As the hot towel slowly descends over Eric Briggs’ face, his eyes are closed and a smile of dreamlike contentment emerges.
“I wish you were at my house in the morning,” Briggs says to barber De Von McDowell.
He can’t be here just for the haircut — his head is pretty much shaved.
About the 100-plus-degree towel Briggs says, “this feels so good.”
He’s in the first chair of the refreshed and remodeled DeCharlene’s Beauty Salon on East Madison.
DeCharlene Williams died in May last year. She was a straight up, straight-talking trailblazer in the Central District. As a single mother working multiple jobs, she finally got the loan in 1968 to buy the building the shop still occupies. That came only after 30 rejections.
She dropped her first name from applications and went with an initial and last name. It worked.
DeCharlene was also a flamboyant hatmaker. She founded the Central Area Chamber of Commerce. Its office is still in the salon. Before you get there, you’ll pass a hat display with a few of the remaining ones left she made. They’re for sale.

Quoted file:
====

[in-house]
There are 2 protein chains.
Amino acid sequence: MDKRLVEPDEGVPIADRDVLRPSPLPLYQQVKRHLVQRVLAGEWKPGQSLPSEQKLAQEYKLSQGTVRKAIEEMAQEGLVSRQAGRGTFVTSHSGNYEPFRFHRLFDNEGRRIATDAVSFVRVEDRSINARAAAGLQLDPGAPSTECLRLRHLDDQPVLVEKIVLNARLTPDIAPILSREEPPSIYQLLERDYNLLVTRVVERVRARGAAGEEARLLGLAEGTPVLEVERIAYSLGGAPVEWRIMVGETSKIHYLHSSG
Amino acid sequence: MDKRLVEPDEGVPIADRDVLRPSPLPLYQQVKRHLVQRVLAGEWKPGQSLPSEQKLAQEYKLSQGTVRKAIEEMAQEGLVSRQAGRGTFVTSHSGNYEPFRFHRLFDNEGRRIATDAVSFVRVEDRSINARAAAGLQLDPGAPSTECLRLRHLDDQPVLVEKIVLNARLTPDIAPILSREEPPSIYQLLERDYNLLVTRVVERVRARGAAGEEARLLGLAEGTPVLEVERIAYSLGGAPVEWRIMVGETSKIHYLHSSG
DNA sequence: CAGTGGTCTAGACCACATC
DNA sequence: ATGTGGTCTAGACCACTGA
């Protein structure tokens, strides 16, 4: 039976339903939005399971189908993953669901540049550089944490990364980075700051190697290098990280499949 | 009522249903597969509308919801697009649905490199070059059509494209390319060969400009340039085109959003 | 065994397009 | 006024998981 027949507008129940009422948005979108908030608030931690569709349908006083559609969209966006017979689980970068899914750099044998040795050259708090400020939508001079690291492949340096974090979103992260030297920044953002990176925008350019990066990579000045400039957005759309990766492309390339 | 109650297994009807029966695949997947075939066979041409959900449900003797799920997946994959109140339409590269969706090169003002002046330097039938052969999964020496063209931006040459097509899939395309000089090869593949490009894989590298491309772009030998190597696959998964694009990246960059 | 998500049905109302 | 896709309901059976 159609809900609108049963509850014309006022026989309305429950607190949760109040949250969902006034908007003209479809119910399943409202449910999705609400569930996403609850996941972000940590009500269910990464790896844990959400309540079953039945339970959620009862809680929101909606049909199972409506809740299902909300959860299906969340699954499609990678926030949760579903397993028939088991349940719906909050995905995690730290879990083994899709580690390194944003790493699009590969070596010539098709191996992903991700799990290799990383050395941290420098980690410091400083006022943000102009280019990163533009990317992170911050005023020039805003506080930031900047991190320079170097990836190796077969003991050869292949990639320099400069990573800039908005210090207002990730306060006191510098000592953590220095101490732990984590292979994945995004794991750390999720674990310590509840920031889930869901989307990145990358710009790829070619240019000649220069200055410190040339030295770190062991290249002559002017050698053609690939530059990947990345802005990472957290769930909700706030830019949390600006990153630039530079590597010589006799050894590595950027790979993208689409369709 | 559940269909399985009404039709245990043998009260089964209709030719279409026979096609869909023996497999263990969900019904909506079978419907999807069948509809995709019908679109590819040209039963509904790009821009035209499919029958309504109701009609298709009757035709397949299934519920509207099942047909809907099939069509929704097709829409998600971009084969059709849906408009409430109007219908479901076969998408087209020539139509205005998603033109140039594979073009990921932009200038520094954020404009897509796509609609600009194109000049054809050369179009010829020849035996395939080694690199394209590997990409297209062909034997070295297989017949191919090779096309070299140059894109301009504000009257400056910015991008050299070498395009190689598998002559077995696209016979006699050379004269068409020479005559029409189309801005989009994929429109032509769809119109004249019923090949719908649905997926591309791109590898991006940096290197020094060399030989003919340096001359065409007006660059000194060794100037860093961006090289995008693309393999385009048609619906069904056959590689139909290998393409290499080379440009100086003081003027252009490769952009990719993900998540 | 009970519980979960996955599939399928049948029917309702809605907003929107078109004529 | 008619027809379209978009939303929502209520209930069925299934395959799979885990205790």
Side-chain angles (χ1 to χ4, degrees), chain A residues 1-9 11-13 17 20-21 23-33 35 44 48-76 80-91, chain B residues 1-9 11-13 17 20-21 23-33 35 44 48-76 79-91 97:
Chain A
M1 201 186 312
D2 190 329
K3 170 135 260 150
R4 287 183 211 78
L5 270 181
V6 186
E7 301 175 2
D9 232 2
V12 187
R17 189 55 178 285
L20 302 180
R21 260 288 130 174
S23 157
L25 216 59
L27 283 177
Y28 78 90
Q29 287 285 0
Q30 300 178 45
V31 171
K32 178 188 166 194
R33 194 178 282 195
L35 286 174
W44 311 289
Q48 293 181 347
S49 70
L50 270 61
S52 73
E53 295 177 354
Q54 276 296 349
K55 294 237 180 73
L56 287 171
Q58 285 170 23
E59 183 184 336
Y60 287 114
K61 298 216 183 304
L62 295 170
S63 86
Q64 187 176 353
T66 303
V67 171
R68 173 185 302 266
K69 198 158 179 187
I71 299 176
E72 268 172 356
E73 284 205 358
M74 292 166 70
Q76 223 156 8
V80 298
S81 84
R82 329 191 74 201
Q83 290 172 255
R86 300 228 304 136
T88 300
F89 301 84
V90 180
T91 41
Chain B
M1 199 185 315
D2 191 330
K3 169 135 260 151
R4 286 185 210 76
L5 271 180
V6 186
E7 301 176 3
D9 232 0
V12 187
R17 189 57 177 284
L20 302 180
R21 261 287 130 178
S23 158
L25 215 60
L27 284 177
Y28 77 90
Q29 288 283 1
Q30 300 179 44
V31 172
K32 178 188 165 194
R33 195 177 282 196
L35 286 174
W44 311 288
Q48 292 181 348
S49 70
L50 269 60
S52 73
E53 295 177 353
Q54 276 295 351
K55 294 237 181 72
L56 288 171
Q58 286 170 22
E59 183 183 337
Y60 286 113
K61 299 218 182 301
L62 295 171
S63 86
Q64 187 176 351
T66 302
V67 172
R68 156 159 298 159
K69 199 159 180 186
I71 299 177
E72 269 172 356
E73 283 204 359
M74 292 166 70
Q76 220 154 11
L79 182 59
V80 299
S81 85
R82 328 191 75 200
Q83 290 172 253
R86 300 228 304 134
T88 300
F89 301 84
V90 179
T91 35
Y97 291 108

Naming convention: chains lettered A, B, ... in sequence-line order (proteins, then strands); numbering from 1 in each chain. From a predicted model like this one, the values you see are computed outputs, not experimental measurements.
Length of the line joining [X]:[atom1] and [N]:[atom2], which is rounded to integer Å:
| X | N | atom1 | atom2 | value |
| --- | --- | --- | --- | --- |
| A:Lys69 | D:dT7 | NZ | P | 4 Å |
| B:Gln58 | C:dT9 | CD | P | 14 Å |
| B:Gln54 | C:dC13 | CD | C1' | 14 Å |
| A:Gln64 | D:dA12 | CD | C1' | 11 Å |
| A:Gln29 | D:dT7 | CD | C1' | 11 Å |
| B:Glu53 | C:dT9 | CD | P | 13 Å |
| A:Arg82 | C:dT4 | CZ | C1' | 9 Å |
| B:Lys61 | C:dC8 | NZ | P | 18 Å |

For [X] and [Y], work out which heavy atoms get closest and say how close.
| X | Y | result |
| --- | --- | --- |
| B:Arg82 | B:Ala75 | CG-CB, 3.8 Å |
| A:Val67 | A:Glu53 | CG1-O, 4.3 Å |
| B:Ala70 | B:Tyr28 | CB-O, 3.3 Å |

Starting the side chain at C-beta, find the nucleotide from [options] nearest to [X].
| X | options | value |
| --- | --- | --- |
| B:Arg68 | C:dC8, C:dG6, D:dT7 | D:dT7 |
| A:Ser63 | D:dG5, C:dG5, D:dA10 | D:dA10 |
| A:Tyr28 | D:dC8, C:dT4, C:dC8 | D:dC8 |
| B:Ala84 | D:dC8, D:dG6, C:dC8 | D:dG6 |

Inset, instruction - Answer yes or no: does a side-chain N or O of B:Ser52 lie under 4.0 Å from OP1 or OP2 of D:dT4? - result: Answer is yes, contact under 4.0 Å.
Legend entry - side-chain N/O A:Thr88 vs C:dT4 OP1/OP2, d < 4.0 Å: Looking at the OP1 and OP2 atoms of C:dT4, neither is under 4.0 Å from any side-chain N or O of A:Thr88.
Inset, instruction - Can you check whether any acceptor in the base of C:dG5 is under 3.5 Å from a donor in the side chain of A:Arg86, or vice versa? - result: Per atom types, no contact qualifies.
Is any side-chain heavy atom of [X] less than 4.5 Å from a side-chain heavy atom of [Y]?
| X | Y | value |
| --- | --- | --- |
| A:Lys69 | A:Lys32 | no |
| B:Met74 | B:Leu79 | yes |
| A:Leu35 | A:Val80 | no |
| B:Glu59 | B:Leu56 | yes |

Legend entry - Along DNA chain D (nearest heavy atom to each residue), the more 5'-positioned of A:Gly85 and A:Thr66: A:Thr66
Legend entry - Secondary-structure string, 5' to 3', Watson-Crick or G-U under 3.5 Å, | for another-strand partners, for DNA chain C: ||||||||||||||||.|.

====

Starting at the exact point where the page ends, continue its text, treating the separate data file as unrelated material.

She was grand marshall of the Umojafest Parade. Ran for mayor, though unsuccessfully.
When I first met DeCharlene in 1985, I photographed her with two patrons under hair dryers.
She instructed me to sit down and she would clean me up, cut my long hair and I’d leave improved. (I declined, and left unimproved.)
DeCharlene could tell people how it was and still make them feel good.
Her legacy is being continued by family and extended family.
Cosmetologist Crystal Williams is her granddaughter. “There aren’t many old-school places like this where you can get a good haircut,” she says.
Cosmetologist and esthetician Rachelle Roberts is her niece. “We’re carrying on her legacy,” she says. “I give the customer a little piece of history.”
Quinton Richardson comes in just about every week. Since age 9, he’s been going to McDowell, starting when he was at another shop. Today, after the soothing towel treatment, Richardson sweeps up around the chair — just as he did as a kid. He’s pleased with his cut: “It’s in the details.”